S: Earl Thomas (2010-2018)

28 Int | 11 FF | 5 FR | 664 Tackles | 11 TFL | 6x Pro-Bowl (11, 12, 13, 14, 15, 17) | 3x All-Pro (12, 13, 14) | Hall of Fame All-2010s Team


The other starting safety position goes to Earl Thomas. Thomas was arguably the best safety for 2010s decade and a key member of the defense that led the Seahawks to two Super Bowls. Thomas intercepted just under 30 passes during his nine seasons and was named to six Pro-Bowls and three All-Pro Teams. He was also named to the Hall of Fame All-2010s Team and has a decent shot at a bust in Canton once he becomes eligible. John Harris, Eugene Robinson and Kam Chancellor were all great with the Seahawks as well.


Honorable Mentions

  1. John Harris (1978-1985) | 41 Int | 11 FR | 3 Sk

  2. Eugene Robinson (1985-1995) | 42 Int | 10 FF | 15 FR | 5 Sk | 983 Tackles | Led League in Int 1993 (9) | 2x Pro-Bowl (92, 93)

  3. Robert Blackmon (1990-1996) | 15 Int | 6 FF | 8 FR | 6.5 Sk | 477 Tackles

  4. Kam Chancellor (2010-2017) | 12 Int | 9 FF | 3 FR | 2 Sk | 607 Tackles | 17 TFL | 4x Pro-Bowl (11, 13, 14, 15)

K: Norm Johnson (1982-1991)

69.7 FG% | 54 Long | 810 Points | 1x Pro-Bowl (84) | 1x All-Pro (84)

I'm going with Norm Johnson at kicker even though Steve Hauschka has a better field goal percentage. Johnson is the franchise record holder in points and spent 10 seasons with the team from 1982-1991. He was also named to both the Pro-Bowl and the All-Pro Team in 1984.


Honorable Mentions

  1. Steve Hauschka (2011-2016) | 88.8 FG% | 58 Long | 759 Points | Led League in Long 2014 (58)

P: Rick Tuten (1991-1997)

24,266 Punt Yds | 73 Long | 43.8 Yds/Punt | Led League in Punt Yds 1992 and 1993 (4,760, 4,007) | Led League in Long 1995 (73) | Led League in Yds/Punt 1995 (45) | 1x Pro-Bowl (94)

Rick Tuten gets the slight edge over John Ryan as the starter at punter for the Seahawks. Tuten averaged just under 44 yards per punt during his seven seasons in Seattle and led the league in punt yards twice, longest punt once and yards per punt once as well. He was named to his lone Pro-Bowl in 1994.


Honorable Mentions

  1. Jon Ryan (2008-2017) | 34,480 Punt Yds | 77 Long | 44.8 Yds/Punt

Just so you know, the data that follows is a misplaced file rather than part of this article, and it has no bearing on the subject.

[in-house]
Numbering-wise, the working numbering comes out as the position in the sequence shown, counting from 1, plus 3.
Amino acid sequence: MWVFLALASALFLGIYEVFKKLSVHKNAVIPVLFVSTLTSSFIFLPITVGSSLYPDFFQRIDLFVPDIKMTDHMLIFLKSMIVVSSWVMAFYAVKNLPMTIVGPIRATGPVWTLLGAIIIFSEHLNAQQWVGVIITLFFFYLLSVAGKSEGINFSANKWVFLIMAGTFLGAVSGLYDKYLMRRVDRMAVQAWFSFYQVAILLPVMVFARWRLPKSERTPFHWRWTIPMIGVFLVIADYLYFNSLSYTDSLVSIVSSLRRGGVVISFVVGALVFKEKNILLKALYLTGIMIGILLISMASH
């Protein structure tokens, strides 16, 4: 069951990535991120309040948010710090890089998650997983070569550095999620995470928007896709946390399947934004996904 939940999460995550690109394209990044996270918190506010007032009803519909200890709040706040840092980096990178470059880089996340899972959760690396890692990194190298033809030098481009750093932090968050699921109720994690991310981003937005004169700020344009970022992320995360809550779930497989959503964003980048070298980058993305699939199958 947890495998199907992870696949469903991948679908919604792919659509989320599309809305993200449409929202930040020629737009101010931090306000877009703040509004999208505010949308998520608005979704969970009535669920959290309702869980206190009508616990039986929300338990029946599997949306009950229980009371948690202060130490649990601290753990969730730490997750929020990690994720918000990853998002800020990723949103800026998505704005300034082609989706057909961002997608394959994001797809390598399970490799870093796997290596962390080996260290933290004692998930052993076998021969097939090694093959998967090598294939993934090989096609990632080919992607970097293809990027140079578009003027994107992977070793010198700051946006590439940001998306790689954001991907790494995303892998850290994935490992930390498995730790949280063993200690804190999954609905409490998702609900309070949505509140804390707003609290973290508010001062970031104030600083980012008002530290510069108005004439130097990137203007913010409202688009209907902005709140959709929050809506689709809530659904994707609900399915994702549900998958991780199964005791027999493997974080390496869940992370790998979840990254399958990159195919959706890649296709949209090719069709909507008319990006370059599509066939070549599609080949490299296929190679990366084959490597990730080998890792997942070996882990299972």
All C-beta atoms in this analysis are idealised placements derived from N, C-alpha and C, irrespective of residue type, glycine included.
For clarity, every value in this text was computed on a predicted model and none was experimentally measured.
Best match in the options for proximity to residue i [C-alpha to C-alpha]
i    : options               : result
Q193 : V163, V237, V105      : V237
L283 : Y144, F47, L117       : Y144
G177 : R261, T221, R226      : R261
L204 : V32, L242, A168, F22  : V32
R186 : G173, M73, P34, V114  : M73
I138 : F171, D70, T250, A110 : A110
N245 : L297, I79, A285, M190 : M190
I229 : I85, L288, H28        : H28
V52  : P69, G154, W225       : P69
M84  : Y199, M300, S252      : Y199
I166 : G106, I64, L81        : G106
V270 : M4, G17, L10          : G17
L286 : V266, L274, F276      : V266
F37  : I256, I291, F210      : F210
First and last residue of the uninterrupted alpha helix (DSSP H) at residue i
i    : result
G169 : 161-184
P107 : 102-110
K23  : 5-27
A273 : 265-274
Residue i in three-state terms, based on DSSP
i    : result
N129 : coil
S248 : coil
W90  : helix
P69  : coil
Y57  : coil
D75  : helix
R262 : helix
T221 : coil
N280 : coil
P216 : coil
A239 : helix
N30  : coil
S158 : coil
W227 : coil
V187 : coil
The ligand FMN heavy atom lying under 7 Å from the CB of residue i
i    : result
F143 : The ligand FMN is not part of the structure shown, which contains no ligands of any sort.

2. Michael Dickson (2018-Present) | 14,023 Punt Yds | 69 Long | 47.4 Yds/Punt | 1x Pro-Bowl (18) | 1x All-Pro (18)

Returner: Leon Washington (2010-2012)

1,069 Punt Rt Yds | 10.3 Yds/Punt Rt | 3,329 Kick Rt Yds | 4 Kick Rt TD | 26.2 Yds/Kick Rt | Led League in Kick Rt TD 2010 (3) | 1x Pro-Bowl (12)


This spot was a tough decision. Leon Washington, Nate Burleson and Tyler Lockett all have pretty food claims. I'm going with Leon Washington. He totaled over 4,000 return yards during just three seasons in Seattle. Washington also returned four kicks back for touchdowns, including a league leading three in 2010. He was also named to the Pro-Bowl in 2012.

Honorable Mentions

  1. Nate Burleson (2006-2009) | 1,288 Punt Rt Yds | 2 Punt Rt TD | 10.3 Yds/Punt Rt | 1,235 Kick Rt Yds | 1 Kick Rt TD | 22.9 Yds/Kick Rt | Led League in Punt Rt Yds 2007 (658) | Led League in Punt Rt Long 2006 and 2007 (90, 94)

  2. Tyler Lockett (2015-Present) | 1,071 Punt Rt Yds | 1 Punt Rt TD | 7.4 Yds/Punt Rt | 3,188 Kick Rt Yds | 2 Kick Rt TD | 25.1 Yds/Kick Rt | Led League in Kick Rt Yds 2017 (949) | Led League in Kick Rt TD 2017 (1) | 1x Pro-Bowl (15) | 1x All-Pro (15)


Head Coach: Pete Carroll (2010-Present)

Regular Season: 119-73-1 | 63.9 W-L% | Playoffs: 10-8 | 2013 Super Bowl Champion | 2014 NFC Champion


Seattle's current coach, Pete Carroll, is clearly the greatest the team has ever had. He's coached the Seahawk's for 12 seasons and has guided the team to nine winning seasons and eight playoff appearances. Carroll's also led the team to two Super Bowl appearances and the only championship in franchise history, coming in 2013. Chuck Knox and Mike Holmgren were also great coaches in Seattle and Holmgren guided them to a Super Bowl appearance in 2005.


Honorable Mentions

  1. Jack Patera (1976-1982) | Regular Season: 35-59 | 37.2 W-L% | 1978 Coach of the Year

  2. Chuck Knox (1983-1991) | Regular Season: 80-63 | 55.9 W-L% | Playoffs: 3-4 | 1984 Coach of the Year

  3. Mike Holmgren (1998-2008) | Regular Season: 86-74 | 53.8 W-L% | Playoffs: 4-6 | 2005 NFC Champion